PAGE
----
A jump in office vacancies in Baltimore offset improvements in the suburbs this year, according to reports by two leading commercial real estate firms.
Overall, the area's office market remained flat.
"While we're seeing growth in selective sectors, we're still feeling the effects of consolidations, which pushes occupied space back onto the market," said Jeffrey B. Samet, a vice president of Colliers Pinkard.
Additionally, few office building sales were recorded in 1995, the notable exception being the RREEF Funds' purchase of the two-building Dulaney Center complex in Towson for $30 million, because many investors appear unwilling to invest in a market with pockets of instability.
In Baltimore, bank mergers and corporate consolidations and the pending relocation of USF&G Corp. outside downtown drove the overall vacancy rate from 19.2 percent to 23.4 percent, the highest rate in the metropolitan area, according to Casey & Associates Inc.
The so-called Class B buildings -- defined as older properties with a lack of amenities and an inability to adapt to improving technology -- suffered the most, producing a 26 percent vacancy level, Casey noted.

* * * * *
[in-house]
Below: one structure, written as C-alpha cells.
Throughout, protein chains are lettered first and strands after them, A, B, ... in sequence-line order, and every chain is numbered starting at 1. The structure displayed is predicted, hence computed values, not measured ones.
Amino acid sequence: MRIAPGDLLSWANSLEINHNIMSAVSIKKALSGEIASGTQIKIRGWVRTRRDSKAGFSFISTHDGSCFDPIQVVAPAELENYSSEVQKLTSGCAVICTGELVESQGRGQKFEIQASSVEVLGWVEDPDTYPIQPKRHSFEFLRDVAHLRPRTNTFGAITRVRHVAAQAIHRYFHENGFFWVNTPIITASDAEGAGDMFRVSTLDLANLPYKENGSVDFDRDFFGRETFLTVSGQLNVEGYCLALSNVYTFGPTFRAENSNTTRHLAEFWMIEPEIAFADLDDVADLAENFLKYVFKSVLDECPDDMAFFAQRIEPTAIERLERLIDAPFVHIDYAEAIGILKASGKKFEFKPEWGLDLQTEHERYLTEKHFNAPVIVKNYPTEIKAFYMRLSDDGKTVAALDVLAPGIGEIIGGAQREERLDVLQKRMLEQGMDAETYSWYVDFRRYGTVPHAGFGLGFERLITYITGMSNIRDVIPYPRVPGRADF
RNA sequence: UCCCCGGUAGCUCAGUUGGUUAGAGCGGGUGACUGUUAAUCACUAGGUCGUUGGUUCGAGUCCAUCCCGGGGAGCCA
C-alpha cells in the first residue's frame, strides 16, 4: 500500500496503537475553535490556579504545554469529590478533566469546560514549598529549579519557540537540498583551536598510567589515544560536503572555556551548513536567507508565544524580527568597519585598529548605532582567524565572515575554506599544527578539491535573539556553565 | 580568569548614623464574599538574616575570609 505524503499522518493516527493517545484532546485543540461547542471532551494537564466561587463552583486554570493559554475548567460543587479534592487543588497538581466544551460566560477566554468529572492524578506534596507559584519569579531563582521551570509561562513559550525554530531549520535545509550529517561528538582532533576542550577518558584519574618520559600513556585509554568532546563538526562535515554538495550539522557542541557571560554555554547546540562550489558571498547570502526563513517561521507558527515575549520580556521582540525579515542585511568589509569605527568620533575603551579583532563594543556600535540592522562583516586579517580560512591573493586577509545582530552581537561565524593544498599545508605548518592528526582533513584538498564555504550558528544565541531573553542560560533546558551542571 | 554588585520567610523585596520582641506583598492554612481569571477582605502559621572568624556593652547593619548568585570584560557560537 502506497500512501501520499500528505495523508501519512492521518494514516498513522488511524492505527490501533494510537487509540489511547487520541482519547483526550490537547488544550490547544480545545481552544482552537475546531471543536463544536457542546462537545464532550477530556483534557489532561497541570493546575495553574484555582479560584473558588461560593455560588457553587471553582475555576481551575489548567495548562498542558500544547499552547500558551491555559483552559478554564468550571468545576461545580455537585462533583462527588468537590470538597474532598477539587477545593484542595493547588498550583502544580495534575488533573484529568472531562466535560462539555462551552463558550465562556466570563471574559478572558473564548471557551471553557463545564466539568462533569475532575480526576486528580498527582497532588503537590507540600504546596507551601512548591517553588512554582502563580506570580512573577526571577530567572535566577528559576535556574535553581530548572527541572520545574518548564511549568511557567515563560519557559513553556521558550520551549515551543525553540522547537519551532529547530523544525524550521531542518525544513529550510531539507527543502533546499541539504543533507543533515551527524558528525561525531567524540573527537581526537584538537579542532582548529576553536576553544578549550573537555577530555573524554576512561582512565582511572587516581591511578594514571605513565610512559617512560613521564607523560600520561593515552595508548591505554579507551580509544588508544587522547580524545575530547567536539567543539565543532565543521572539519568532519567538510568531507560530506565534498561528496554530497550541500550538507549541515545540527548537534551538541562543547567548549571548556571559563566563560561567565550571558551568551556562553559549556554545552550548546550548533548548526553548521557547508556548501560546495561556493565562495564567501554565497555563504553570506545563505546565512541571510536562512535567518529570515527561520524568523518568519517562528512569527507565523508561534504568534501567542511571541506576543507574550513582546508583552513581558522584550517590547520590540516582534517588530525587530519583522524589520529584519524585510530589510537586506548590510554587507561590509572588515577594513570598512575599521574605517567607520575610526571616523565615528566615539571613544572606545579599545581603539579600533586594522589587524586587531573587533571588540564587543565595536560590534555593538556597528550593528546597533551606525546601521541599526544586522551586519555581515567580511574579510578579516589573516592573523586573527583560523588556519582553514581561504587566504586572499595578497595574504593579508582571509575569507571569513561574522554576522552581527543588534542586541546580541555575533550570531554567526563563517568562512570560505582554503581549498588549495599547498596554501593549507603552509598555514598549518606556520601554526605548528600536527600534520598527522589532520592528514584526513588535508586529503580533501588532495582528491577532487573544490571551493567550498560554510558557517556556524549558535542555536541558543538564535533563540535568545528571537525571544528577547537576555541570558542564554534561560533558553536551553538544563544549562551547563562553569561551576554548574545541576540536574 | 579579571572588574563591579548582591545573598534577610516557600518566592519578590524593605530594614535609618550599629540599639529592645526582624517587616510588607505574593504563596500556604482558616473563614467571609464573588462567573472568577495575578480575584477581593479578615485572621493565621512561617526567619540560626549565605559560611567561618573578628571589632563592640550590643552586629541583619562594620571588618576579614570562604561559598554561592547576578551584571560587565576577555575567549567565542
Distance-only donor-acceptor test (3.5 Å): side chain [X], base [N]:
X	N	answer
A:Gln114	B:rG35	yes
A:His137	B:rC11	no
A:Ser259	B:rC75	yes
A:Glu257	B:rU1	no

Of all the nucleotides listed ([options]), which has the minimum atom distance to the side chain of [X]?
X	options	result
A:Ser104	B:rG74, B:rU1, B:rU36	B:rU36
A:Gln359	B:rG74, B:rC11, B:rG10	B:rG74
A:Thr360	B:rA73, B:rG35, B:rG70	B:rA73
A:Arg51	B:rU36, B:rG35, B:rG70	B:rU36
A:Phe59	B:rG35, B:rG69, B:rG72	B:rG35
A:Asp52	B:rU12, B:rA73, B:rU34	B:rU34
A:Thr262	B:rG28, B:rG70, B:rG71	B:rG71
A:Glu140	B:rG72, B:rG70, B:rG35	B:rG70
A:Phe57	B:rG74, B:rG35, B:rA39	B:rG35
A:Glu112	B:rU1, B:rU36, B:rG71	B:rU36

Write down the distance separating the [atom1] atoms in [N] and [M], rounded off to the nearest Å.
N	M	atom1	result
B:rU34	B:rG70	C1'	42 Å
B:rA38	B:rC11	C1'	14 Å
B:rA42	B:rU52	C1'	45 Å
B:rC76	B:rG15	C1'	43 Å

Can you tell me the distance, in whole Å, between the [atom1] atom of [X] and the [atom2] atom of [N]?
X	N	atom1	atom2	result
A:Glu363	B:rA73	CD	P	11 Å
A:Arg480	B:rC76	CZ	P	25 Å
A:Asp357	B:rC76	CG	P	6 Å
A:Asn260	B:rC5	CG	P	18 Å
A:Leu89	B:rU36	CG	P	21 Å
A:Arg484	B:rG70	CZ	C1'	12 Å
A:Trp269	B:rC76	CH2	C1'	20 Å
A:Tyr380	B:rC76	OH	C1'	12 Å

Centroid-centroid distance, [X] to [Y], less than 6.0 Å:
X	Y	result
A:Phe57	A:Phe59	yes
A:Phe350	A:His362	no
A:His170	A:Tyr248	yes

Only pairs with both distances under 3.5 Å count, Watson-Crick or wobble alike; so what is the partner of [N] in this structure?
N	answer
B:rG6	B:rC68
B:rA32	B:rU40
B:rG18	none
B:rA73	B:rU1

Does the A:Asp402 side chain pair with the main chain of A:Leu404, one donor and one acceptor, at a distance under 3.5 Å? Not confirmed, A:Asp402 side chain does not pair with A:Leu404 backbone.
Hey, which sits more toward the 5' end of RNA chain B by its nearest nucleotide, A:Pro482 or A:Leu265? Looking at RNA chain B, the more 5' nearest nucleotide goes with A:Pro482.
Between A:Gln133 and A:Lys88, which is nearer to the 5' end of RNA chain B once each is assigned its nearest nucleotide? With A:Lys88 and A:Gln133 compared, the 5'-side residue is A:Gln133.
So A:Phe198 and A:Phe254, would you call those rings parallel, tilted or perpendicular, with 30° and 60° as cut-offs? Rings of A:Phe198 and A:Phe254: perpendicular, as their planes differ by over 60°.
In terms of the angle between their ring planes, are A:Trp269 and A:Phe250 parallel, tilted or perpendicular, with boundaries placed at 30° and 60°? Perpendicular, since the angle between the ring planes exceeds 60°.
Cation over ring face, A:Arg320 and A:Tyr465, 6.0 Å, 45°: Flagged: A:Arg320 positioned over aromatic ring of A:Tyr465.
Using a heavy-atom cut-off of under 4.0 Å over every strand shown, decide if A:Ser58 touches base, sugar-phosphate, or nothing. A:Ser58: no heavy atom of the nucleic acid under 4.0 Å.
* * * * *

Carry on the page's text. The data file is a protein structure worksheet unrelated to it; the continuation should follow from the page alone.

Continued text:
The 23.4 percent figure means the city has one of the highest vacancy levels nationwide, according to a recent Lehman Bros. survey of major office markets.
Mr. Samet said that while Baltimore City contains 37.4 percent of all the office space in the area, its vacancies account for 52 percent of all the available space.
The city office market's major highlight occurred in retaining the headquarters of Alex. Brown Inc., which plans to move to the 30-story Commerce Place building in early 1997.
Howard County continued its dramatic improvement, shaving the vacancy rate there to roughly 9 percent, down from nearly 30 percent three years ago.
"The big success story is Howard," said T. Courtenay Jenkins III, a Casey senior vice president and principal. "Although developers still can't justify speculative office space, I think you'll start to see new construction driven by build-to-suit deals."
In all, the Baltimore suburbs posted a year-ending vacancy of 12.1 percent -- despite the abandonment of 200,000 square feet by the U.S. Health Care Financing Administration in Woodlawn, according to Pinkard's statistics.